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Orchids

Orchids belong to the orchid family (Orchidaceae) and together with the aster family (Asteraceae) they are the largest families of vascular plants. The exact number of orchid species around the world is not known. Scientists estimate more than 26,000 species in approximately 740 genera. That means that about every tenth land plant species on Earth is an orchid. Research is still ongoing in little-known areas and new species are described every year.

The orchid family is most diverse in tropical areas. Most orchid species can be found in the tropics of America and Asia. But they grow almost everywhere in the world except for deserts and areas permanently covered by snow and ice. They can be found on all continents except the Antarctic and they even grow beyond the Arctic Circle.

The family has two typical characteristics: extremely tiny seeds and a flower structure that allows the transfer of large amounts of pollen grains at once. Unlike most other plants, orchid seeds do not contain enough storage substances for growth. Young orchids, therefore, need the help of certain microscopic fungi. After a seed germinates, a structure called protocorm is created, which is used for coexistence with fungi. For this reason, development from seed to adult takes a longer time and is significantly more demanding than for most other plants.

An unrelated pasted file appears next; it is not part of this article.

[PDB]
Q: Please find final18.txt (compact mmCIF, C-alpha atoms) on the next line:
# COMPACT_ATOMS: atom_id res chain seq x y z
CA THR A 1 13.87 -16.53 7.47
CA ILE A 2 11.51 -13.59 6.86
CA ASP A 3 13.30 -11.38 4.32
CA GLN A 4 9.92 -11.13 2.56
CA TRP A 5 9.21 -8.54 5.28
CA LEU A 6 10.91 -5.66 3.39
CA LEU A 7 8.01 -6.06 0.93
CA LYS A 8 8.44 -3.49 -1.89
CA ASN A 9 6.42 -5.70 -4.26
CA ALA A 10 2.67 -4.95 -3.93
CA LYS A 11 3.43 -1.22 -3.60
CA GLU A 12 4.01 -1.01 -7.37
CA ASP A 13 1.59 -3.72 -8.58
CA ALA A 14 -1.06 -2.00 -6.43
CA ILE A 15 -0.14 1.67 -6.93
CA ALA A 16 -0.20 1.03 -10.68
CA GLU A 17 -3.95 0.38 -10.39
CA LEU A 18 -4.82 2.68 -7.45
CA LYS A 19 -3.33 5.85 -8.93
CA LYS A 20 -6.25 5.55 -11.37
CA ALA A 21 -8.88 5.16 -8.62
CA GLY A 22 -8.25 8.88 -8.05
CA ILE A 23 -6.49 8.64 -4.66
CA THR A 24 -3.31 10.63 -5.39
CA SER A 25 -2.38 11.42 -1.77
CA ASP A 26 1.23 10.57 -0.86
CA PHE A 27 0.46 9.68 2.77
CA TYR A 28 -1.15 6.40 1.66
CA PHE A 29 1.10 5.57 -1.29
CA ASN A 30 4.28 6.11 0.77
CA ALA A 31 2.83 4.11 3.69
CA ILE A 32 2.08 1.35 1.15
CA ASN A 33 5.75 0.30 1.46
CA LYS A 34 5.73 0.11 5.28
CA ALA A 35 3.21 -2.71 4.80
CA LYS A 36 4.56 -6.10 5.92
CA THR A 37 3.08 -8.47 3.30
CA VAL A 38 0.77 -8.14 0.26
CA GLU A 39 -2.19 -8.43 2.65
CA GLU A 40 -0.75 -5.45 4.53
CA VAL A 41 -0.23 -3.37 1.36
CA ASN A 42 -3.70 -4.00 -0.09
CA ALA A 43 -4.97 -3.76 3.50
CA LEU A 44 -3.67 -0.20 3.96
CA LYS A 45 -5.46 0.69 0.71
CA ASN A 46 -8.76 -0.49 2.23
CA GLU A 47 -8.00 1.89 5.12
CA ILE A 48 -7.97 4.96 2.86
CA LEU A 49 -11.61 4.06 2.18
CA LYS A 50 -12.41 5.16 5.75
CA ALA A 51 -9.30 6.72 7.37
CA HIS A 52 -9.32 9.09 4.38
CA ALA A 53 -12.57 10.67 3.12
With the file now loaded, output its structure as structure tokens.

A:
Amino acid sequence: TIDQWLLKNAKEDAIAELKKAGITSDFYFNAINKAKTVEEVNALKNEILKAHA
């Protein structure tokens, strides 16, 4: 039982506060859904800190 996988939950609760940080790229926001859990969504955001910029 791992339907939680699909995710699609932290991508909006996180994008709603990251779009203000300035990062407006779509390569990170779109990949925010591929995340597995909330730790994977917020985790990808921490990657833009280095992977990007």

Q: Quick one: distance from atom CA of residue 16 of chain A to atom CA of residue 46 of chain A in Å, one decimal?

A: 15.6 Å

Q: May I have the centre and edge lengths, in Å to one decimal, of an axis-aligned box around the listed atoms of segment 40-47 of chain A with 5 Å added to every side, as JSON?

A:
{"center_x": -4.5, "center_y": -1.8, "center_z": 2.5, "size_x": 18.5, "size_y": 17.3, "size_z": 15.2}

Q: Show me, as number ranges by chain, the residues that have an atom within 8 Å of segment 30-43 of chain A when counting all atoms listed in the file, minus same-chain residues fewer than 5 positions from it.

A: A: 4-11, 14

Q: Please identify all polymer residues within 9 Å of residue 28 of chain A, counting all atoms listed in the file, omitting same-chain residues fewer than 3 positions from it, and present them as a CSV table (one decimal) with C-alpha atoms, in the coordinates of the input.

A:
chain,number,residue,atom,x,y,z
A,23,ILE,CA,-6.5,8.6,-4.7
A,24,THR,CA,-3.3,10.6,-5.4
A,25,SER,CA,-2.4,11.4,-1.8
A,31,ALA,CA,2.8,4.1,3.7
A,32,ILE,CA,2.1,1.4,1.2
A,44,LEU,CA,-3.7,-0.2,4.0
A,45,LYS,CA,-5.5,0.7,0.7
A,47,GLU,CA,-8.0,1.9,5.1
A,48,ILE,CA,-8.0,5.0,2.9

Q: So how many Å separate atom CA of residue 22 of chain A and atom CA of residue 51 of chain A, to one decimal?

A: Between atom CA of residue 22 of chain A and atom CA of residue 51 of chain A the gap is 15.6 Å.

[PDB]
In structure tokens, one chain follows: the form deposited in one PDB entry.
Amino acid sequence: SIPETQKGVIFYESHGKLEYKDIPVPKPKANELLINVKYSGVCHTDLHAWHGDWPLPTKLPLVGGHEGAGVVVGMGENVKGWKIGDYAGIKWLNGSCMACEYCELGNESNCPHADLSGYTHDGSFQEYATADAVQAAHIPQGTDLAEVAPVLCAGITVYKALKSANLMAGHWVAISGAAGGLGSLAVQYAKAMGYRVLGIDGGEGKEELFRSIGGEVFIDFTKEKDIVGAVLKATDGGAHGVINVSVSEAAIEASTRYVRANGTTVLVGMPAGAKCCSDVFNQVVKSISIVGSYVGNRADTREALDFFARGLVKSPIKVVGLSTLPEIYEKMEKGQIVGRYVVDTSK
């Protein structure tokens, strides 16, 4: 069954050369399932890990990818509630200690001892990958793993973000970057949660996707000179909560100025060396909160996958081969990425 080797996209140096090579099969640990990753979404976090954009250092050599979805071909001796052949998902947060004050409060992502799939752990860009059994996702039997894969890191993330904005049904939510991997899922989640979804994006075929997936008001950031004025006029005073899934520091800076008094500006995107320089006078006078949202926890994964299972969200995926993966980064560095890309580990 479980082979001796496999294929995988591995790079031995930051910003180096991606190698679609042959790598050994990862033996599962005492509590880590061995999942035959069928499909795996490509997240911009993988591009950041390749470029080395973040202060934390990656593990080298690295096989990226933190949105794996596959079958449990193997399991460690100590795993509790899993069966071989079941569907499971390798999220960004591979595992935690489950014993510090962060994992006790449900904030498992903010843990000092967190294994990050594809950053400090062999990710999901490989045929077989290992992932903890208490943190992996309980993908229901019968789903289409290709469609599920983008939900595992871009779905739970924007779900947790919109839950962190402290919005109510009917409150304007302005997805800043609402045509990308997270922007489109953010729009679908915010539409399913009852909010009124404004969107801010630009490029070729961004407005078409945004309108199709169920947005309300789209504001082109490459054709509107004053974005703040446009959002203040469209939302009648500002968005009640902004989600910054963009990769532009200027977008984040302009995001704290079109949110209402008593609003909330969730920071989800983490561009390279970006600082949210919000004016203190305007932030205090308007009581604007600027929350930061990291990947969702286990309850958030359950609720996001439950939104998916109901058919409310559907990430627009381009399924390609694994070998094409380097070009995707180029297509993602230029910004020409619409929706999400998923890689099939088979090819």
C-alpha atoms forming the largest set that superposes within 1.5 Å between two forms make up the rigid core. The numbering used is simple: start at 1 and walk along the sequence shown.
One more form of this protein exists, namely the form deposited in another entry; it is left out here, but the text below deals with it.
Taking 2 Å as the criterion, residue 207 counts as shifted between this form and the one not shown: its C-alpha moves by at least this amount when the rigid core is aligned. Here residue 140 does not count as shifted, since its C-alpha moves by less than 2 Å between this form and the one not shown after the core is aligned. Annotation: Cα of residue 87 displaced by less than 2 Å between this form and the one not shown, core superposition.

Orchids used to be a common part of natural communities. In many places, however, they belong to the most endangered plants nowadays. This is mainly due to the destruction of their original habitats, landscape changes, climate changes and also the collection of attractive species. Orchids have close ties to the environment and are, therefore, very sensitive. They have specific relationships with certain types of fungi and pollinators and they developed various interesting adaptations for them. 

Our orchid collection contains about 2200 species from 350 genera. We are trying to include the whole diverse assortment of orchids, including groups that are rare and not often grown. Currently, our collection includes most of the major orchid groups. A large assortment is beneficial both for visitors and for experts and it is also an invaluable source of material for scientific projects. 

Some tropical orchids are permanently planted in the Fata Morgana Greenhouse. Many species, however, are displayed only during flowering in the tropical and in the cooled part of the greenhouse. Most orchids can be seen during our annual exhibition, where we display both native species and cultivars. 

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